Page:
I’ve survived some devastating storms. Contracting polio as an infant, living in the hospital for years, being bullied in grade school, enduring four heartbreaking miscarriages, and burying a beloved infant son steeled me for almost anything, yet the hurricane that ripped through my life several years ago left me more terrified and bewildered than I’d ever been, threatening to destroy my very foundation.

In my late thirties, I was diagnosed with post-polio syndrome, a debilitating disease marked by pain and escalating weakness. The doctors told me I needed to give up my hobbies and focus on the essentials. If I didn’t, they said, in ten years I’d be in a wheelchair full time, unable to even feed myself.

I pared my activity to the bare minimum, daily assessing how much I should do. It was achingly hard, especially with two young daughters. But, slowly, I learned to adjust.

Then six years later, as profound weakness was setting in, my husband of 17 years left our family unexpectedly. Within two weeks he moved to another state.

Depths of Darkness

His leaving plunged me into the darkest time of my life. Friends brought meals and helped me care for my homeschooled daughters while I spiraled into the dark. I lost ten pounds in two weeks, staying in bed for days without eating, pulling the covers over my head, hoping it was all a bad dream. But as the days wore on, the reality of it set in. I was a single mom with two adolescent daughters.

My girls were understandably angry, taking out their fears and frustrations at home. Our once peaceful home turned into a war zone with rage and disappointment coloring every conversation. They decided they wanted nothing more to do with “my” God and wondered if he was even real.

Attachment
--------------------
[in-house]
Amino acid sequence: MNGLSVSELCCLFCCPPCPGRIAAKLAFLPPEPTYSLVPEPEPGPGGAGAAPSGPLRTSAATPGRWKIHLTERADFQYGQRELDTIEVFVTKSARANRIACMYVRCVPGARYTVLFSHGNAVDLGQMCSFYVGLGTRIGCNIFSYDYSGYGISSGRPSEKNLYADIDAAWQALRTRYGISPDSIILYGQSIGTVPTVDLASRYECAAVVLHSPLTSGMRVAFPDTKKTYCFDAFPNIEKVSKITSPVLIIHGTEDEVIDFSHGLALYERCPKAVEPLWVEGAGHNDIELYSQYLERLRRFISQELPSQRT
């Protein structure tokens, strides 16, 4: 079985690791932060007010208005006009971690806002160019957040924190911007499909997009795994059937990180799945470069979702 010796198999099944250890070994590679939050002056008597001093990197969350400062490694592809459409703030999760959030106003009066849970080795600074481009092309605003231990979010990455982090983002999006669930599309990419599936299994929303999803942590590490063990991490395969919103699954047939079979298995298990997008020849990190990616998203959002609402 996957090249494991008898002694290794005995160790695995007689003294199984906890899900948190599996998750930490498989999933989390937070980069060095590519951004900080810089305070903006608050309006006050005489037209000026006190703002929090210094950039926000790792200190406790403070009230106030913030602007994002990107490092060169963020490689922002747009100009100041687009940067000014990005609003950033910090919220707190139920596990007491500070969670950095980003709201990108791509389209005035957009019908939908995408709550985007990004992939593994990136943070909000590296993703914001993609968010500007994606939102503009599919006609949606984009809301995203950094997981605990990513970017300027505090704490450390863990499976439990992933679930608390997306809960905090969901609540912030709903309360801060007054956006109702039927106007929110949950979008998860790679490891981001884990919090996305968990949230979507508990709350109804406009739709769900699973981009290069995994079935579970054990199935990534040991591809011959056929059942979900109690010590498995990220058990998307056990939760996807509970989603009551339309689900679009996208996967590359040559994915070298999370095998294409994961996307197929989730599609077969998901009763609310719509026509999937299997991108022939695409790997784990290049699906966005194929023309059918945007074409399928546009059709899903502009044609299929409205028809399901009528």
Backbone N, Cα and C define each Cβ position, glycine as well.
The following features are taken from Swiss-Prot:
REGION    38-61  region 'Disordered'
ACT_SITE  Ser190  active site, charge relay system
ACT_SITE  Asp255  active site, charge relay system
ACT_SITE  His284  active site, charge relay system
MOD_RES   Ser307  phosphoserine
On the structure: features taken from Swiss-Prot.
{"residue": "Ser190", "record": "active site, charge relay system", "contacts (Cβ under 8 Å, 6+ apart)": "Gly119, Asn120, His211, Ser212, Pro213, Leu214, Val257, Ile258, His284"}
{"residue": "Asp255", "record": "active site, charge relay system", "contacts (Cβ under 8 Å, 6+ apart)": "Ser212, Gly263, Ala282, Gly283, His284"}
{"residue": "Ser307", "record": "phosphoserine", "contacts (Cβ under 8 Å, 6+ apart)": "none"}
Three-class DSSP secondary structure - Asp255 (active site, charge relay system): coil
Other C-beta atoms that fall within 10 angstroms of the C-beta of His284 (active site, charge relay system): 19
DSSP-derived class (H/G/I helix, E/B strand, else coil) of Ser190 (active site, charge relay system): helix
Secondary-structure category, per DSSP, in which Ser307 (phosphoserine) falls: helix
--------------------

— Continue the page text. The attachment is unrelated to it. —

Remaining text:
I cried myself to sleep every night, often whispering from my bed, “God, do you still love me?” Sometimes I screamed in the darkness, “God, why do you hate me?” I kept thinking that the worst was over, but each day seemed to bring more pain.

A Troubling Passage

One night, in desperation, I picked up my Bible and started randomly paging through the Gospels. I needed a fresh encounter with Jesus. I stopped at John 11, the raising of Lazarus, and I reread the familiar account.

A man named Lazarus was sick. He lived in Bethany with his sisters, Mary and Martha. . . . So the two sisters sent a message to Jesus telling him, “Lord, your dear friend is very sick.”

But when Jesus heard about it he said, “Lazarus’s sickness will not end in death. No, it happened for the glory of God so that the Son of God will receive glory from this.” So although Jesus loved Martha, Mary, and Lazarus, he stayed where he was for the next two days. (John 11:1-6)

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These words arrested me once again. How could Jesus love Mary, Martha, and Lazarus and delay? If he loved them, he could have gone immediately. He didn’t need to let Lazarus die.

Yet he did.

Jesus’ response reminded me of the ways he was letting me suffer. For months I had been begging God for deliverance. And for months there had been silence—just as with Lazarus. Jesus could have gone to his friend, or simply said the word, and Lazarus would have been healed. But Jesus didn’t do anything.

I started sobbing as I realized this was the crux of my pain. Jesus could fix all of my struggles in an instant. He could heal my body, bring my husband back, and change my children’s hearts. But he wasn’t doing anything. I felt as though he had abandoned me, just as he had Lazarus and his sisters.